If it's any help, my adopted daughter is an absolute delight, very well adjusted, and has no (known) medical issues. Ridiculously advanced for her age, and beautiful too. She was removed at birth, so although we will no doubt have issues at some point to get through re losing her birth family, she didn't suffer abuse or neglect - and her FC were so good and experienced she had a brilliant start in life. I should say that we know our situation is not normal and we are very lucky, but I think it's important to say that it can happen this way and adoption is certainly not always a gloomy story.

hopingtodrive Sun 25-Nov-12 18:38:56

Thanks lilka and FamiliesshareGerms

It may be a few years before v decide as we are both in our mid twenties but I just wanted some information as I try to be as prepared for everything I do. I love children but due to fertility issues for both myself and DP it may not happen naturally.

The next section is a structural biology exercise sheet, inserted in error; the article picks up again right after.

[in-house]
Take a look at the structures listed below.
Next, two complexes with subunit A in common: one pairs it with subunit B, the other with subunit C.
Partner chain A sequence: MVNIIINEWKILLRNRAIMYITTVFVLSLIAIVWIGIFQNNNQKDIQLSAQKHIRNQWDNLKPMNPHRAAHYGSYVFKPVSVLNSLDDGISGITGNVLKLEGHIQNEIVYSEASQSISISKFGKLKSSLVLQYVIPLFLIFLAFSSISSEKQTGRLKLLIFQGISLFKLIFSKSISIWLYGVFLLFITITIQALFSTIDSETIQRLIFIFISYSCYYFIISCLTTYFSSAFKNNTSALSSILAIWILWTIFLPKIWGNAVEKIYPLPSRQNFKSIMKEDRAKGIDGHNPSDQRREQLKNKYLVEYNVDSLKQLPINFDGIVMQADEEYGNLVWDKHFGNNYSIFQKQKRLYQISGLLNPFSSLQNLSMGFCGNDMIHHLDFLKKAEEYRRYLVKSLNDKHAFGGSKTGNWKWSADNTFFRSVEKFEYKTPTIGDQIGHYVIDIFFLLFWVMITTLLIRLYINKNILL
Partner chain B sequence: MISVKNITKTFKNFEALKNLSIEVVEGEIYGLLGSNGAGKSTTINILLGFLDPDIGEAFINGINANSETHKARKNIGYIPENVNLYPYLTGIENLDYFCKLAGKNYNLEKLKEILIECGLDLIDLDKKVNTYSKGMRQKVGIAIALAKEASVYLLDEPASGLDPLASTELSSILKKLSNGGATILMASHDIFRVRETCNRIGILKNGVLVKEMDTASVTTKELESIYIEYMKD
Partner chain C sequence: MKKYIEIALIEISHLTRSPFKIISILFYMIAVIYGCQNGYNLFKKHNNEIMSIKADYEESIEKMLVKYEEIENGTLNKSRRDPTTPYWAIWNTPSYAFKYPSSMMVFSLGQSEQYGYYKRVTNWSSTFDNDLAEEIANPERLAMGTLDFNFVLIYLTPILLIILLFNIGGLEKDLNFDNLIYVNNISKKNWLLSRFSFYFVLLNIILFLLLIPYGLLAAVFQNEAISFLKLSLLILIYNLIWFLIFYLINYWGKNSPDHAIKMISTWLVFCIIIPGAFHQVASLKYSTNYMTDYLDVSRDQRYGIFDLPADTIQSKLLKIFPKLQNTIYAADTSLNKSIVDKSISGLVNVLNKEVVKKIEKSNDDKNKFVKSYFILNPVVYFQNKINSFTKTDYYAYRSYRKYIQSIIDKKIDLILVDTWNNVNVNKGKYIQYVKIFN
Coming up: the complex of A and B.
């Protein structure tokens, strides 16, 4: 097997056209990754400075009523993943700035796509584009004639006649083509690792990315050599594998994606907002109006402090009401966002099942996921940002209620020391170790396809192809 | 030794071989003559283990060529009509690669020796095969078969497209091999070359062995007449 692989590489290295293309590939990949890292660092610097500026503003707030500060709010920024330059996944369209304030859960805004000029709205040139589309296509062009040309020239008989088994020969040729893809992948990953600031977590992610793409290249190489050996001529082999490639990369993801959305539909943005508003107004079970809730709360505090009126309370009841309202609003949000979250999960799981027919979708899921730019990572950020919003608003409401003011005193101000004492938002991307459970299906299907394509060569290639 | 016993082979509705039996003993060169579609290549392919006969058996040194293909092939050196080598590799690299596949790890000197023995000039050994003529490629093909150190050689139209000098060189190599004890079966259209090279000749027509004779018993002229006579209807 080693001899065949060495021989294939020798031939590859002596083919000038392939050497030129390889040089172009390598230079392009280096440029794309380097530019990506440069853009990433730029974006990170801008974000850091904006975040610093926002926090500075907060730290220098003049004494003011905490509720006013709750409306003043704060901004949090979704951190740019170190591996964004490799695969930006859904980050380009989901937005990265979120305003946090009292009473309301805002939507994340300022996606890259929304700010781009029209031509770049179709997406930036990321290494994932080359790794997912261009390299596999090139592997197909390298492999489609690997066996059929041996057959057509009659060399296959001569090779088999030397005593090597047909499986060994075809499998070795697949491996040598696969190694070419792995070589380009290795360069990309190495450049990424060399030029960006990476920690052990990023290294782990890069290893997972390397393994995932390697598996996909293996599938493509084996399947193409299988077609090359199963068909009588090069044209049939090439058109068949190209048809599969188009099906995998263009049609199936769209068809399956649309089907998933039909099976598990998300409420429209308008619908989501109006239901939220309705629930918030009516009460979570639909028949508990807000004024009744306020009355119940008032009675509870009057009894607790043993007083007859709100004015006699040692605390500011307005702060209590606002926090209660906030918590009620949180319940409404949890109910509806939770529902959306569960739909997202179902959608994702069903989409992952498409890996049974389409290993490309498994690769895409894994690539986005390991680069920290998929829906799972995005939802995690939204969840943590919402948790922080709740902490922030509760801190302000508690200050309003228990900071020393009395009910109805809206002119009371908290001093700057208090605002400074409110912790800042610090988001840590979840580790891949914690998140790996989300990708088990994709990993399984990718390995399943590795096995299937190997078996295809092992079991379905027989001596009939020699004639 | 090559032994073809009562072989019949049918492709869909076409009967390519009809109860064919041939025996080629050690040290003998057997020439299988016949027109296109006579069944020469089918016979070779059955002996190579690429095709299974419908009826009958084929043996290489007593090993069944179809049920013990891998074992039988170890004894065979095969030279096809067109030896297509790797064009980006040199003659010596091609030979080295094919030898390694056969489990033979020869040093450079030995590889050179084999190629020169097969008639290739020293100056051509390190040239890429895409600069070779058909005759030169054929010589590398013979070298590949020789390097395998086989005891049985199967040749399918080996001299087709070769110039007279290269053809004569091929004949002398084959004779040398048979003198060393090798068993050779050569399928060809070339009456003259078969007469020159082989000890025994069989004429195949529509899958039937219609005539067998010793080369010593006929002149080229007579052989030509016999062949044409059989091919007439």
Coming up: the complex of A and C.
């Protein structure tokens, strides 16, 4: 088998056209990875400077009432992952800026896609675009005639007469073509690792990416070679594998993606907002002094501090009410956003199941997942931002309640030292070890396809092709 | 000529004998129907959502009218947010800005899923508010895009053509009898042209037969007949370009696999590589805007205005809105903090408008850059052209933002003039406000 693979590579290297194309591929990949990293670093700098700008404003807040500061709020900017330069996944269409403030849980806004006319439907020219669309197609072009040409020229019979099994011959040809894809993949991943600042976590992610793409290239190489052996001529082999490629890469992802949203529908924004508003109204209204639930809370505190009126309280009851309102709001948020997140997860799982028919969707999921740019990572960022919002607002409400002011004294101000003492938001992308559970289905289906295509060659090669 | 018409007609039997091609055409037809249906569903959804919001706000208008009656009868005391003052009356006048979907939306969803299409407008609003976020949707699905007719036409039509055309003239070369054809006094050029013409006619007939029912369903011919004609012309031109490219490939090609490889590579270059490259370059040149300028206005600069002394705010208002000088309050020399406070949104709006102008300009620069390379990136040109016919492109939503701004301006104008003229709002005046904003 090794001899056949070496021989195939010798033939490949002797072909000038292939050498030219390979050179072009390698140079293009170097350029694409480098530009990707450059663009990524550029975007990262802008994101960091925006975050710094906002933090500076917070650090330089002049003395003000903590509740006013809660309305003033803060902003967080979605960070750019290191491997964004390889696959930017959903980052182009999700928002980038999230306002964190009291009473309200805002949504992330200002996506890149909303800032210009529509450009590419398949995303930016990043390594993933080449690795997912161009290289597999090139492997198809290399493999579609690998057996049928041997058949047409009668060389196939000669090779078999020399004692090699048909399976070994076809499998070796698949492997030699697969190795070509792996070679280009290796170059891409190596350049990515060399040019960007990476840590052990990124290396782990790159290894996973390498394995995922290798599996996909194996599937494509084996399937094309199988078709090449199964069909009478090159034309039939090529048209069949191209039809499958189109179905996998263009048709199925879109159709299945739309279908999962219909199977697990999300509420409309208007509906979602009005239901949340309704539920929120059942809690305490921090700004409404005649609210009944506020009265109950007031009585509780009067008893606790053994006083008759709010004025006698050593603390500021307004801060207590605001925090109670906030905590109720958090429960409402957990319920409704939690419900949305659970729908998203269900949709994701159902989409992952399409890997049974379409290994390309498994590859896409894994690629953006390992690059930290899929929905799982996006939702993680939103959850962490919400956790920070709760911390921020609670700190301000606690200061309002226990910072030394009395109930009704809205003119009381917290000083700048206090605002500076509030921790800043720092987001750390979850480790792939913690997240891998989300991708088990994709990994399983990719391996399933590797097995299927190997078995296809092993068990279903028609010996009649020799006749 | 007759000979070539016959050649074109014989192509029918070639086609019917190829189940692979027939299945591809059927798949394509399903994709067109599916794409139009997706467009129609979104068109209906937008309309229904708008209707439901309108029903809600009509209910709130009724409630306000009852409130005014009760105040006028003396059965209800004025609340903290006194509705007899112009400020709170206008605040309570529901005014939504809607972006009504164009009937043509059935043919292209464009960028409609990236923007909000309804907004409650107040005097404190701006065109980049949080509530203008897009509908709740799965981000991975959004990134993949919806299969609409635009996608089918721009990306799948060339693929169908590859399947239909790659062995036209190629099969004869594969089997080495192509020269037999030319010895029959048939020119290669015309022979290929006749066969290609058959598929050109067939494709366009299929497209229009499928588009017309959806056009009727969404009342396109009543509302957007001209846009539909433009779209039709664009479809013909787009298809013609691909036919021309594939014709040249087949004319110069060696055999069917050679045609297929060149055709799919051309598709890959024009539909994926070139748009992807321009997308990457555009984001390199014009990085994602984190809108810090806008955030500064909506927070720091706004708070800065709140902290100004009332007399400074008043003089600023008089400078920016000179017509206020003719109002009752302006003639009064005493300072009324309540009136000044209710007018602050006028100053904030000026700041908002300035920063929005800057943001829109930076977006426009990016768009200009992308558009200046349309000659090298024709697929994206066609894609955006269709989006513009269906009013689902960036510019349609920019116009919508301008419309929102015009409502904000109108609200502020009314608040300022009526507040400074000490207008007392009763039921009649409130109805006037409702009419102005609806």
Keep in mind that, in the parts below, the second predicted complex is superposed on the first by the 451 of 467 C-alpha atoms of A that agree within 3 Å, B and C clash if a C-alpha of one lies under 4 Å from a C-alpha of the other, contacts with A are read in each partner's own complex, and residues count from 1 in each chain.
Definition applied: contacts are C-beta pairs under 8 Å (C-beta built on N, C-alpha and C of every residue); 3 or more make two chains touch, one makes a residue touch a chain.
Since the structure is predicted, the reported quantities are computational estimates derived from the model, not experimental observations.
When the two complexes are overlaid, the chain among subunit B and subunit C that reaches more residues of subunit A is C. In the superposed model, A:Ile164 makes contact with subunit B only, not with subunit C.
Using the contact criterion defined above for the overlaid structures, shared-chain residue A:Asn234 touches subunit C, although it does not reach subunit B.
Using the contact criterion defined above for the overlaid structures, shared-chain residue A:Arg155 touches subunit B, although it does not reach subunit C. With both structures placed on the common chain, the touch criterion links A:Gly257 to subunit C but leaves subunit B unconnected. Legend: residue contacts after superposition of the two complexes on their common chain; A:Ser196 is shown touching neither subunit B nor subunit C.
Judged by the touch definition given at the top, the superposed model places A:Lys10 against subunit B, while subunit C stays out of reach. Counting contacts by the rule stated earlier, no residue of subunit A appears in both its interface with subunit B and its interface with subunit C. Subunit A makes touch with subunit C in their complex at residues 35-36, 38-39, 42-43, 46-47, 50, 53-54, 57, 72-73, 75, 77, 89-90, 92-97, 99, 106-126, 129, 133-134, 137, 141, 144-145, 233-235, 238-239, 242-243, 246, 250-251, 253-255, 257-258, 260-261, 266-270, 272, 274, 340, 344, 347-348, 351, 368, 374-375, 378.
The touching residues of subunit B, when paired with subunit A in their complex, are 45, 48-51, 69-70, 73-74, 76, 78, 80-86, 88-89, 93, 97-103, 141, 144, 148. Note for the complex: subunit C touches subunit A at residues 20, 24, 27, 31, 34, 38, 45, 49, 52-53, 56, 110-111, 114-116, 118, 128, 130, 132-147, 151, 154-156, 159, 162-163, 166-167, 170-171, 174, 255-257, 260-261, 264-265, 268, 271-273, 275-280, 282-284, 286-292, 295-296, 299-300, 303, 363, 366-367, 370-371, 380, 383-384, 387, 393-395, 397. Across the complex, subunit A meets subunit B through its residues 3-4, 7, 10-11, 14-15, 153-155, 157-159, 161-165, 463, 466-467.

I found th open day very troubling. The answers v got were like they didn't want to be bothered or that we were trying to waste their time which we really weren't. I think I will read back in the adoption pages here

The American bloggers/vloggers I follow have adopted many older children internationally, including sibling groups and children with special needs .

and their children seem very well adjusted despite the very hard life they have had, or it may be that they just highlight the positives, I dnt knw. It was just a such a contrast at the open day. I got the impression that no matter what you do there is no way you can help your adopted childrenbe happy or well adjusted.

Thanks once again. I will read the archives.

Lilka Sun 25-Nov-12 18:19:05

Hi hoping